Friday, October 7, 2016

When God's Ways Seem Crazy

Last weekend, Jason and I visited the Battlefield of Cowpens for a Revolutionary War weekend. It was a very educational and exciting trip and served as research for one of my upcoming books. Living in South Carolina most of my life, I thought I would have visited the site by now or would have at least been more familiar with this part of the Revolutionary War, but sad to say, I was ignorant.

What I discovered is that the Battle of Cowpens was a turning point in the Revolutionary War and brought hope to the South who had faced multiple defeats. The odd thing is that this victory came about because of two men who were willing to set aside logic and do what they thought was best. It was their unconventional orders that led to a battle that was won in less than an hour.

First off, there was General Nathanael Greene, the leader in charge of the southern troops. At the time, he was stationed in Virginia, trying to prevent the advancement of the British troops into the North. Knowing his troops were outnumbered and unprepared for a full-on assault, he made the bold decision to split his army in half, hoping to force the British to do the same.  Led by Daniel Morgan, a portion of his army made their way into the upstate of South Carolina. Greene's plan worked, and the British divided their army, sending a portion to meet Morgan in Cowpens.

Daniel Morgan is known today as a tactical genius. Despite having the advantage of choosing his battleground, Morgan opted to fight in an open wood. He formed his troops in three lines straddling the road. The frontline was a small group of sharpshooters who were given the task to slow the British advance with well-aimed fire, then fall back. Ninety yards behind them was Andrew Pickens' regional militia. After two volleys of gunfire at killing distance, they were to fall behind the Continentals. Another 150 yards behind them were 600 crack militia Continentals from Maryland, Delaware and Virginia, who had orders to protect the militia and to be ready to fight.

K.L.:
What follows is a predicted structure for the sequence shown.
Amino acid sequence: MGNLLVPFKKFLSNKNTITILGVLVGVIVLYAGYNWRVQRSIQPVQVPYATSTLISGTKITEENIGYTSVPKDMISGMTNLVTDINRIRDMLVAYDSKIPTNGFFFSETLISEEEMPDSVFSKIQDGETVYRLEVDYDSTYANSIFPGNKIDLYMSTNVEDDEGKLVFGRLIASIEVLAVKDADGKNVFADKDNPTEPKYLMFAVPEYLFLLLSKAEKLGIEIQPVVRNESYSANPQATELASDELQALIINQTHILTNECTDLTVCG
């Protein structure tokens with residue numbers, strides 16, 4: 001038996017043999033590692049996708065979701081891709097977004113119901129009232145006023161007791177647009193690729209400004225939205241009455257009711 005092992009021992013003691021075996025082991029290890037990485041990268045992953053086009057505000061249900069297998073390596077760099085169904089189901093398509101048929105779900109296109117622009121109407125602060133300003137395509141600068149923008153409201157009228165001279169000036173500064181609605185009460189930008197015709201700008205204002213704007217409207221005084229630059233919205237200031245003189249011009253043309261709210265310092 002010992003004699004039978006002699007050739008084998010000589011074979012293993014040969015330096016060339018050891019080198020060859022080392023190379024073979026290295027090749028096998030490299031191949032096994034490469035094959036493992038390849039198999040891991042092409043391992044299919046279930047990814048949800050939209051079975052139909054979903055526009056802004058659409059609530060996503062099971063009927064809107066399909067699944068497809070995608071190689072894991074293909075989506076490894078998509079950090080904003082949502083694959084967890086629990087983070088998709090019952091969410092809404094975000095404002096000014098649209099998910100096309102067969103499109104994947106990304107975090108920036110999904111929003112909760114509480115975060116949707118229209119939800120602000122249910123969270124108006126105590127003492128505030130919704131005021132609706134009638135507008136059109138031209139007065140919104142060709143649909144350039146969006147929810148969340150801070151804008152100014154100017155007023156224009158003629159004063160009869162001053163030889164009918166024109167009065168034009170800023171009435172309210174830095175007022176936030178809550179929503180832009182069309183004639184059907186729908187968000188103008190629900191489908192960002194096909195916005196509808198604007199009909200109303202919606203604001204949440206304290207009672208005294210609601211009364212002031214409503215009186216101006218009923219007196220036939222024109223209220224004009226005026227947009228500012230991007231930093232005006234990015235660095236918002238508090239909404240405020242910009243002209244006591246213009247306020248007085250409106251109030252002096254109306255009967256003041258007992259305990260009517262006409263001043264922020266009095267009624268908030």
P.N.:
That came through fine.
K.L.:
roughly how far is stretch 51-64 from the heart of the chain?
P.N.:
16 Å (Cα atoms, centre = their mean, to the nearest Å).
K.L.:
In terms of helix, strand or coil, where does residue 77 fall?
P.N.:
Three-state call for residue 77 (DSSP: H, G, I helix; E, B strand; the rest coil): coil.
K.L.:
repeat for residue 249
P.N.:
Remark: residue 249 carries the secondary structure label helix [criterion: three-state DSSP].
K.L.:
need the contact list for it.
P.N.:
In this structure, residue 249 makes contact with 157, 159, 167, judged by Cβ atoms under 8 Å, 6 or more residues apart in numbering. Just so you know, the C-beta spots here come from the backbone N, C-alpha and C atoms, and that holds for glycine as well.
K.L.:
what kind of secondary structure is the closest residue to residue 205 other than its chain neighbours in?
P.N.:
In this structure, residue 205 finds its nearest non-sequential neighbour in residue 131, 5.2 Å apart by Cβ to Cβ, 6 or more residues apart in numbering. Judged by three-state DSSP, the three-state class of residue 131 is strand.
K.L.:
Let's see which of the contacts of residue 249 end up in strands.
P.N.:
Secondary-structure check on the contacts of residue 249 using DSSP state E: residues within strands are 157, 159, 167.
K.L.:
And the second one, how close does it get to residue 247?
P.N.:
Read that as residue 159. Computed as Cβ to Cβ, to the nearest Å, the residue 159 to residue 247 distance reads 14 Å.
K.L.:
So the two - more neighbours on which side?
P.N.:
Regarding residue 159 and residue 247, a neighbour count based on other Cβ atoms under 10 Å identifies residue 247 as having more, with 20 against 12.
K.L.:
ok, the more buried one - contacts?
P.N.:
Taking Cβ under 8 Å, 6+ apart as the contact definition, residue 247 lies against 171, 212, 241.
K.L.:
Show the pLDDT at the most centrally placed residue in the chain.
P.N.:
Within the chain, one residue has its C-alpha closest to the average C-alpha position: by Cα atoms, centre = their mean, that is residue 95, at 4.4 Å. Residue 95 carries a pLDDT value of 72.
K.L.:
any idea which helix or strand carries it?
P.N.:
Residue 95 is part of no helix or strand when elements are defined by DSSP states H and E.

Both of these men employed methods that were unorthodox and questionable, and no doubt, some of their men were scratching their heads and wondering if they should follow such ludicrous commands.  I'm reminded of Joshua and his army when the Lord commanded them to march around the walls of Jericho for seven days. What kind of battle plan was that? Or how about Gideon, when God continue to whittle his army down until he was left with only 300 men? His army was outnumbered 450 to 1. Horrible odds, right?

But we can relate, can't we? I think we can all remember back to a time when God asked us to do something that made absolutely no sense, at least not in our minds. Perhaps it was the time He asked us to give money when we had none to give. Or maybe it was the time He asked us to leave a paying job for one that guaranteed nothing in return. Whatever the situation, God gave us the command that seemed ludicrous, unconventional and downright scary. The question is, what did you do? What would you do if God asked you again?

God has given us proof time and again that even though His ways are not our ways, they are best and they are productive. Whether it be a battle against enemy soldiers or one against negative thoughts and feelings, we can always trust that God's ways are the right ways, even when they don't make sense. God has proven himself faithful, and He has shown us that his methods, though unconventional, produce results. Our job is not to question or to try to make sense of the process. Our only job is to obey. God will take care of the rest.

For what man knoweth the things of a man, save the spirit of man which is in him? even so the things of God knoweth no man, but the Spirit of God. - I Corinthians 2:11
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